A new Pentagon study has validated previous findings that Lockheed’s F-35 Joint Strike Fighter aircraft will require billions of dollars more than planned, as well as more time.
The F-35 is a fifth-generation stealth fighter being developed by Lockheed for a consortium of US and allied nations to replace at least 13 types of aircraft for 11 nations initially.
The US intends to acquire about 2,443 F-35s, while purchases by partner nations the UK, Canada, Italy, Denmark, Netherlands, Norway, Turkey, Australia and others could raise production to 3,000 or more.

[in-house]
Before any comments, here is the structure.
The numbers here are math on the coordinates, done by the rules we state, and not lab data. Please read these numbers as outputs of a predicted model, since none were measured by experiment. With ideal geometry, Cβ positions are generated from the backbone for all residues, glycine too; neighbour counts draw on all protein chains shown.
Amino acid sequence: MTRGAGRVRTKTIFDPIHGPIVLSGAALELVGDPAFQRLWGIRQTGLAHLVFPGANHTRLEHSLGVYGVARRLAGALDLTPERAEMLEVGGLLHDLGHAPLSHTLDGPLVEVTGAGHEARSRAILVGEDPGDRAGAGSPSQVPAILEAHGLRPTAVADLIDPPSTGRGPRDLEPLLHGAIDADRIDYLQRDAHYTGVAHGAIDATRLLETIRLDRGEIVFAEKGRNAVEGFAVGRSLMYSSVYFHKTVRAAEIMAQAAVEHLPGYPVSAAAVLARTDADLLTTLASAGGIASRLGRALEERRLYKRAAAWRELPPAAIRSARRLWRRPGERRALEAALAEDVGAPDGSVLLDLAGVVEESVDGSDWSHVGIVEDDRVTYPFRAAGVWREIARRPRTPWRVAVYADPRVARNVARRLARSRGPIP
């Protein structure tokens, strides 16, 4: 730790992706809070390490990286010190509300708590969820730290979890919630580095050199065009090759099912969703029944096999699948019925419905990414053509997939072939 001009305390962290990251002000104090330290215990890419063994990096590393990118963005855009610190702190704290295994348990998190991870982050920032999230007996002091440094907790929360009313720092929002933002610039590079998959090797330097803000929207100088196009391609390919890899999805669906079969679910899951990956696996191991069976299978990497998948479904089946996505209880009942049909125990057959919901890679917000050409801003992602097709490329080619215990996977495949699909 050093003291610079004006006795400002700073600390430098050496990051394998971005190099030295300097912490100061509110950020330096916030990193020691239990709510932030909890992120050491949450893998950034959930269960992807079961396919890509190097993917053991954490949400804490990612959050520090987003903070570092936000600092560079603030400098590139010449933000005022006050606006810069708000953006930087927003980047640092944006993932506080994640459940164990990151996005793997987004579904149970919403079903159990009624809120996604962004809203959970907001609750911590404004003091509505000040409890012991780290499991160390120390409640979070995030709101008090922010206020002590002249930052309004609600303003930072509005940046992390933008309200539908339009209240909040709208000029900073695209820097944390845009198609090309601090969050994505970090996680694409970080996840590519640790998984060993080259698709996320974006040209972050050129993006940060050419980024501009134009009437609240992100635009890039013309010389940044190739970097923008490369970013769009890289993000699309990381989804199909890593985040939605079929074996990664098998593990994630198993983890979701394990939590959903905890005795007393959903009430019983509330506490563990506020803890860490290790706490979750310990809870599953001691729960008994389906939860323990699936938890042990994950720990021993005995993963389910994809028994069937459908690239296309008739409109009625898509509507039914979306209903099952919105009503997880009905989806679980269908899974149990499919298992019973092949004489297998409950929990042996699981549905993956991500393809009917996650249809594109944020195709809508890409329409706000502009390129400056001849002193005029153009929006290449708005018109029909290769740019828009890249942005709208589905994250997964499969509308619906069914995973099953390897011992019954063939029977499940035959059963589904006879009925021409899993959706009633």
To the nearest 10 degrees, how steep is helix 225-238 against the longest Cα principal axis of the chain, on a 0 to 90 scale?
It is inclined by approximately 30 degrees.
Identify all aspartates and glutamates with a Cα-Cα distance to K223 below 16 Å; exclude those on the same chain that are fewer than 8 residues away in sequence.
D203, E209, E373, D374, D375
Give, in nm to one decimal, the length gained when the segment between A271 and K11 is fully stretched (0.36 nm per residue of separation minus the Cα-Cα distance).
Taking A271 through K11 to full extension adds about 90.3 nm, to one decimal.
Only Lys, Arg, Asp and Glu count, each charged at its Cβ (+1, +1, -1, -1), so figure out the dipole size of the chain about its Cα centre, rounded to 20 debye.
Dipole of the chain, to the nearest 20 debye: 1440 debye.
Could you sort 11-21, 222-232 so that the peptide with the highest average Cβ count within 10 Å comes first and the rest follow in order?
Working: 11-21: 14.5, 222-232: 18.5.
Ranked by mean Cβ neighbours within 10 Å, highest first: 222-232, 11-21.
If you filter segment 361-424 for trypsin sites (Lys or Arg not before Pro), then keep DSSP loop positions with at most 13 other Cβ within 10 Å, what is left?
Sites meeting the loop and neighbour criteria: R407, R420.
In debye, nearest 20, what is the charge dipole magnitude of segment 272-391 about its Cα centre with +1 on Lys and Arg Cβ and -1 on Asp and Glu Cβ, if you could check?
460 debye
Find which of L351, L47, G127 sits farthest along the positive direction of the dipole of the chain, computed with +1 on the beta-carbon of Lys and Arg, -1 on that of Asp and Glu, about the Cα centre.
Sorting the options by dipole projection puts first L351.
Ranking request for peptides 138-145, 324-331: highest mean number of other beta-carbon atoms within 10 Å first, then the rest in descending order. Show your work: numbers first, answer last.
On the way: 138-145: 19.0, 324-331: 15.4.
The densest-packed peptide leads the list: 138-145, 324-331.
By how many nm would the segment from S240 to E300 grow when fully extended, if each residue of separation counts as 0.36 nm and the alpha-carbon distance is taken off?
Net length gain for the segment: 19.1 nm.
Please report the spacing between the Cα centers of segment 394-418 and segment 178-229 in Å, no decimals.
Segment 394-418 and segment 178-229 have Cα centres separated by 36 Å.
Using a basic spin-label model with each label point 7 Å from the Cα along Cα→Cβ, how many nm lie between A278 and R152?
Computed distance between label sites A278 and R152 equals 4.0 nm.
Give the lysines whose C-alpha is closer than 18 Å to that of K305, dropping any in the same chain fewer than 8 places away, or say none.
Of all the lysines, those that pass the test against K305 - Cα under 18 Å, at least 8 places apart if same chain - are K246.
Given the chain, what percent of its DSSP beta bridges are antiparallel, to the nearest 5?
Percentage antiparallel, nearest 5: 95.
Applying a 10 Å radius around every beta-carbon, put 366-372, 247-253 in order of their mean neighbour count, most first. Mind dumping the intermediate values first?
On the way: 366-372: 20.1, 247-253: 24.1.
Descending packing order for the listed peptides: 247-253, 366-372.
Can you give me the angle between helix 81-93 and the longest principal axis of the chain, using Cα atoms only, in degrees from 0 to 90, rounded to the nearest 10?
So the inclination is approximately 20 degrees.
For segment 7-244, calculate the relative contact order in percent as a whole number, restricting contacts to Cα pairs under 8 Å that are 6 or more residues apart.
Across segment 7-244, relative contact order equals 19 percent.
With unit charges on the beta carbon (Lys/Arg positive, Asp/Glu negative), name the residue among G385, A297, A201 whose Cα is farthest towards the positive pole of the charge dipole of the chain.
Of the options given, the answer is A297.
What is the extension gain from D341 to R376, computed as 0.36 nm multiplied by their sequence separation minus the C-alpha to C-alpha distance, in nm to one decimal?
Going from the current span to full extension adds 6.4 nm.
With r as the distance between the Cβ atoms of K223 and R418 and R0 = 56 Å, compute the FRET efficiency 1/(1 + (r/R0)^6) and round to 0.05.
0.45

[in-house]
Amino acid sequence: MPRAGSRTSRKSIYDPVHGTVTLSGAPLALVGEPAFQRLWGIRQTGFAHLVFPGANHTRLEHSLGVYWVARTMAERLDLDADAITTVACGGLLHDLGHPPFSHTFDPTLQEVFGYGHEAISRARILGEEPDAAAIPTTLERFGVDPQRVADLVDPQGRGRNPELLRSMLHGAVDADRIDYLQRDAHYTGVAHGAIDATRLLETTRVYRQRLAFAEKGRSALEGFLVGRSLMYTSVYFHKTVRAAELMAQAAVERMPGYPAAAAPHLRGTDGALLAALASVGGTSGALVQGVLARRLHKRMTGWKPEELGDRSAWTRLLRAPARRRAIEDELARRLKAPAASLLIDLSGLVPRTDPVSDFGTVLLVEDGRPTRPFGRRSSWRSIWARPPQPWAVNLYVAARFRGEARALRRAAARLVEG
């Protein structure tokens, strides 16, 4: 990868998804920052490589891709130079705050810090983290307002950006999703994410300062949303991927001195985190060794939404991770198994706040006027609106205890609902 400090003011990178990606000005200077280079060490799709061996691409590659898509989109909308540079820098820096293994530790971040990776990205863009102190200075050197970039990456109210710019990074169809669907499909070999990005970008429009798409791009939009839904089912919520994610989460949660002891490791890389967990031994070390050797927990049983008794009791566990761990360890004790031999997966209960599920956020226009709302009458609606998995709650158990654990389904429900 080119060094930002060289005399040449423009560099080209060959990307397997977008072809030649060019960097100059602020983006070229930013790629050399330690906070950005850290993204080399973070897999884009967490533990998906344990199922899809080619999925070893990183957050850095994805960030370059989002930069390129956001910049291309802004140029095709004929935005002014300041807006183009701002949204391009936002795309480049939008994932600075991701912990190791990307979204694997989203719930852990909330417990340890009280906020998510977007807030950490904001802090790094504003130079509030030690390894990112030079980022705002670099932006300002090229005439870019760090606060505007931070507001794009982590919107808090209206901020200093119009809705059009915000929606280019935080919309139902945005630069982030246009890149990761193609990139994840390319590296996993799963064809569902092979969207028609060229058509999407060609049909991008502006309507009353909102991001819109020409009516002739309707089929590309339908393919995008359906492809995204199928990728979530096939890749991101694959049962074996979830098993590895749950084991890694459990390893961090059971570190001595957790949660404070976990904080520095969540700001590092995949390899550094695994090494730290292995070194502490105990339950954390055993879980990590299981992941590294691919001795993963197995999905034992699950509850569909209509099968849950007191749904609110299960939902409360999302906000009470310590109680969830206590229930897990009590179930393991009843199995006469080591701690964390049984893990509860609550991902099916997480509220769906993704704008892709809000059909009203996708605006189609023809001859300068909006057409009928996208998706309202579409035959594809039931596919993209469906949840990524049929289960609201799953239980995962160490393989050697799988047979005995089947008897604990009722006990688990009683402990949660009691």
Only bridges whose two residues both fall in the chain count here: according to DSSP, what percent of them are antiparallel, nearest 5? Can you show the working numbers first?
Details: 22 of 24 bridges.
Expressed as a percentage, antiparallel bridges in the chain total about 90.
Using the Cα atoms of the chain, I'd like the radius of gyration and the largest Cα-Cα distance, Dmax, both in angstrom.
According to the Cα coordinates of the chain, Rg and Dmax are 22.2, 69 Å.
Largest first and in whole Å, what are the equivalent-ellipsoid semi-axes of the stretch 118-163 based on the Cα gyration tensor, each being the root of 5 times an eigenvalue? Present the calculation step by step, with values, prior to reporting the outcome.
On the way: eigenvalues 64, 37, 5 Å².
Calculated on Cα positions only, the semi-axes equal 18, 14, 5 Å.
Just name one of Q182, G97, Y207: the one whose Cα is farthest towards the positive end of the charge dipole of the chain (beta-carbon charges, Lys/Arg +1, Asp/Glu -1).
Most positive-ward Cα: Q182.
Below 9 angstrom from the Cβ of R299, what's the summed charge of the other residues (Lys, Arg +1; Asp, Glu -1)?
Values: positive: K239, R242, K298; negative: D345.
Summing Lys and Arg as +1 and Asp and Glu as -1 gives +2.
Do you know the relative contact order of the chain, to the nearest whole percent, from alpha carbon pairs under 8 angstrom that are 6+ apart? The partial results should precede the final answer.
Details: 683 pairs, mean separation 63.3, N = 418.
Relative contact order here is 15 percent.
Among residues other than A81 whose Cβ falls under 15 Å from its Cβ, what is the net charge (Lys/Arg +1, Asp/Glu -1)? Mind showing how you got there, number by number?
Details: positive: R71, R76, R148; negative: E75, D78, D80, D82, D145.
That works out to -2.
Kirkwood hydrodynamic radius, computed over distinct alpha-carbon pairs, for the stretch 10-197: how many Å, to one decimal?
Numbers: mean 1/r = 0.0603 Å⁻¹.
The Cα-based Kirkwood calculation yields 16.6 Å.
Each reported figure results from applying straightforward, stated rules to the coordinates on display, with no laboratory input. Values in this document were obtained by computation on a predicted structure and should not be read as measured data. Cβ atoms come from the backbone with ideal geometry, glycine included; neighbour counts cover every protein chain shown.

The study, which updated the study undertaken in 2008, found the programme would need at least two more years and nearly $15bn more, according to Reuters.
The Weapons Systems Acquisition Reform Act that became law in May 2009 requires the Pentagon to presume termination of any programme that breaches certain cost targets.
This implies that if the Pentagon wants to retain the F-35 programme, it would have to restructure and recertify the weapon acquisition law.